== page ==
Insider threat? Pffft. Hackers on the outside are the ones mostly making off with your private biz data, says Verizon

Malware-led intrusions falling out of fashion, too

Got Tips? 11 Reg comments

Outside hackers were to blame for most data thefts last year, while in-house drama contributed to only a fifth of total computer security incidents, Verizon reckons.

In its 13th Data Breach Investigations Report, which probed some 4,000 intrusions and network breaches in 2019, Verizon found that the online world is still a fairly bad place if you’re not tooled up enough to defend yourself and your customers from external miscreants hoping to make bank.

“Financial motives is still number one,” the American telco giant's Alex Schlager told The Register. “86 per cent of the breaches were financially motivated, up from 71 per cent last year.”

The report revealed attacks involving malware infections dropped from almost half of all security breaches in 2016 to a “historical low” today, with criminals preferring phishing and siphoning off credentials, instead. Well, mostly.

“We see on a per industry basis, in the education sector for example, ransomware is the dominant attack variety; credential theft, though, is more popular in attacks on retailers,” commented Schlager.

“We saw a significant spike last year and this is continuing. The reason is cloud. The way the complexities that can be connected with deploying into the cloud or migrating to cloud are increasingly the reason for incidents and breaches. Kubernetes alone... a lot of companies don’t have the full scale to secure their cloud environments.”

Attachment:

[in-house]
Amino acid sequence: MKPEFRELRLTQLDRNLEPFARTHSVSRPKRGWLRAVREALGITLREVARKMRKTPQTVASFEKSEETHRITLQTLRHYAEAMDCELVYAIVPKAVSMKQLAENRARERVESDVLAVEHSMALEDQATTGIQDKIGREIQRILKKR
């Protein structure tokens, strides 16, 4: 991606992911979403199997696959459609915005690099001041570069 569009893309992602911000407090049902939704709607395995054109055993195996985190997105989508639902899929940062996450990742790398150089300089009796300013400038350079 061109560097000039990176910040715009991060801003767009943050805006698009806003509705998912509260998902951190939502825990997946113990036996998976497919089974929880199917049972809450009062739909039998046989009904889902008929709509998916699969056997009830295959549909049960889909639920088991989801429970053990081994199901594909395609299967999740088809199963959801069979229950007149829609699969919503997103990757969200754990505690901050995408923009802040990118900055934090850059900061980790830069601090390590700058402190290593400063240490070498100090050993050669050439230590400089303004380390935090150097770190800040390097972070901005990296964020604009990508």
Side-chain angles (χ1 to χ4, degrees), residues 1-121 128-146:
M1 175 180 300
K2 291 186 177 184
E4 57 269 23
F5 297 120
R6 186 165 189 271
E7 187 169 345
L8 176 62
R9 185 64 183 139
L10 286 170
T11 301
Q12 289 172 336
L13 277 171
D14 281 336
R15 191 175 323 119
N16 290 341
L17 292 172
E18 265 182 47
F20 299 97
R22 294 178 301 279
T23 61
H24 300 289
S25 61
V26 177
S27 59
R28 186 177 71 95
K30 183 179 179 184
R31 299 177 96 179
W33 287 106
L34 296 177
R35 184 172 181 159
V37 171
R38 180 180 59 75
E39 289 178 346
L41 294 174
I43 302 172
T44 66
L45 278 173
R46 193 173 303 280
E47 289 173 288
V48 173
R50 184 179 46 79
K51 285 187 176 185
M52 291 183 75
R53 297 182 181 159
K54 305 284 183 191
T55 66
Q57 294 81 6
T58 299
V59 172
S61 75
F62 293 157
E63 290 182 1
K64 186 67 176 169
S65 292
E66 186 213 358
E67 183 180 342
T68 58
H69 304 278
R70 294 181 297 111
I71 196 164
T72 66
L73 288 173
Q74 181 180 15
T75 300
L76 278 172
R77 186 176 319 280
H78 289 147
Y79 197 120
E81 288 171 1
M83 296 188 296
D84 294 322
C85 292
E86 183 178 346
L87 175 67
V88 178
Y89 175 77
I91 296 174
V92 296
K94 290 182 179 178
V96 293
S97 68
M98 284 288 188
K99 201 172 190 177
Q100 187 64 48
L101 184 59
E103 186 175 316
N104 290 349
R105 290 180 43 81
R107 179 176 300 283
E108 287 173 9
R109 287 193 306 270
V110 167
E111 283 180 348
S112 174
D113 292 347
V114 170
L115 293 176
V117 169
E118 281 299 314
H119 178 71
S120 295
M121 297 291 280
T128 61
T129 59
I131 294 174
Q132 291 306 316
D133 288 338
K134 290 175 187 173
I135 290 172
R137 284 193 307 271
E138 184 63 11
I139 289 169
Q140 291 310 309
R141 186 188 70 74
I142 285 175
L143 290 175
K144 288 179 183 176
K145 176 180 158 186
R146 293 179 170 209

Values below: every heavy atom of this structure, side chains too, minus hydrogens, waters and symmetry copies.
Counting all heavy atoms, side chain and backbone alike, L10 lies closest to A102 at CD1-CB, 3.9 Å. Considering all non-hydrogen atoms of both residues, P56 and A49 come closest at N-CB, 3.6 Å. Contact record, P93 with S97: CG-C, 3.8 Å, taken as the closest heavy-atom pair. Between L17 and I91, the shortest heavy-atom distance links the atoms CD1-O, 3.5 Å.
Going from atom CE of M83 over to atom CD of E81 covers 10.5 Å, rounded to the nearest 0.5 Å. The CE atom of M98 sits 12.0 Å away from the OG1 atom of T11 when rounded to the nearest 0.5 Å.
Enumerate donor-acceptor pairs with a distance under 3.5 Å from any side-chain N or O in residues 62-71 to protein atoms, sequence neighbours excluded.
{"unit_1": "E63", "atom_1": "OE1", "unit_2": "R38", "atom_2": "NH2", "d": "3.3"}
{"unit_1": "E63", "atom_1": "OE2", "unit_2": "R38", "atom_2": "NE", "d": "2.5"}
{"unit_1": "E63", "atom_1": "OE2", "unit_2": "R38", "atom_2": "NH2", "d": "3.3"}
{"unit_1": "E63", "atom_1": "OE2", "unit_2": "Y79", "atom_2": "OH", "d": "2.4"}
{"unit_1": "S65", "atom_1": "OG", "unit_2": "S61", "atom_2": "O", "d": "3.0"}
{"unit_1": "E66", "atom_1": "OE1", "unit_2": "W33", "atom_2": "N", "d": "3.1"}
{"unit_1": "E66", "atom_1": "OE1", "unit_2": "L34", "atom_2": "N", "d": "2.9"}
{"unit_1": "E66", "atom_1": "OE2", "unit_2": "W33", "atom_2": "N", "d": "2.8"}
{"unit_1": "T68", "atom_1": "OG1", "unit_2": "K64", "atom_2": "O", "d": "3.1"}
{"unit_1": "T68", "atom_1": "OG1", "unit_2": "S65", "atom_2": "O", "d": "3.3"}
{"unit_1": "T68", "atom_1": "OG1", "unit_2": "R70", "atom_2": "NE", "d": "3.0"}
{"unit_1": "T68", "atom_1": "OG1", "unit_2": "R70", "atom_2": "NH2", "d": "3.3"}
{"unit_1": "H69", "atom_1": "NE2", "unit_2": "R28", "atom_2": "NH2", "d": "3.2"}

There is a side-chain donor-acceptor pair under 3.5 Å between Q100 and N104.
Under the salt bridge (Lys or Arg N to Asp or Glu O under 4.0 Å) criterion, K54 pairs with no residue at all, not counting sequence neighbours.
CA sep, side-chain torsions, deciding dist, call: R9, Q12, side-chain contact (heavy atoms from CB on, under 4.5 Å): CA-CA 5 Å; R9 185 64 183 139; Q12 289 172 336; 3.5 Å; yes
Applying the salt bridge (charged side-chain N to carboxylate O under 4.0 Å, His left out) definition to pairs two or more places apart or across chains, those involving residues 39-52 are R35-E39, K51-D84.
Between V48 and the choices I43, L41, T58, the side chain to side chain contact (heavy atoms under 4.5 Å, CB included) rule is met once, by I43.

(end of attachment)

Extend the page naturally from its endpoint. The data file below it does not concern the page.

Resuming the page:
Schlager also praised companies that regularly and quickly patched their IT estates as and when updates became available, something he said worked well in preventing network breaches by miscreants exploiting known software vulnerabilities. Fewer than 1 in 20 intrusions in 2019 were due to lack of patching or resulted from a missed patch, he told El Reg.

Poorly configured and misconfigured internet-facing systems, allowing crooks in and out with sensitive data without authorization, appears to be a problem, though. Meanwhile, “90 per cent” of break-ins were discovered within hours or days.

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“Also a new low – in a positive sense of course! I remember in 2014-15, the average time to detect a breach was 11 months,” Verizon’s man reminisced, adding that patching is “a good hygiene indicator.”

Organised crime accounted for 55 per cent of all security breaches looked at by the American telco, a figure more or less flat compared with 2018’s findings.

Lots of industry hype around insider threat as an attack vector may have been wide of the mark, too: 81 per cent of network breaches, said Schlager, were caused by external vectors, though healthcare (at roughly 50-50) was a notable exception.

“We expected to see more insider threats,” said Verizon’s man. “It’s real but you shouldn’t overrate it based on the numbers we’ve seen. We did a numbers analysis, differentiation between geographies. You won’t see major differences between geographies.”

In conclusion: keep patching regularly, secure systems facing the internet, keep educating your staff not to click on potentially bad links or email file attachments and to be on alert for phishing attempts, and above all, keep smiling. The world needs cheerful, switched-on security bods more than ever. See Verizon's dossier for the full skinny. ®

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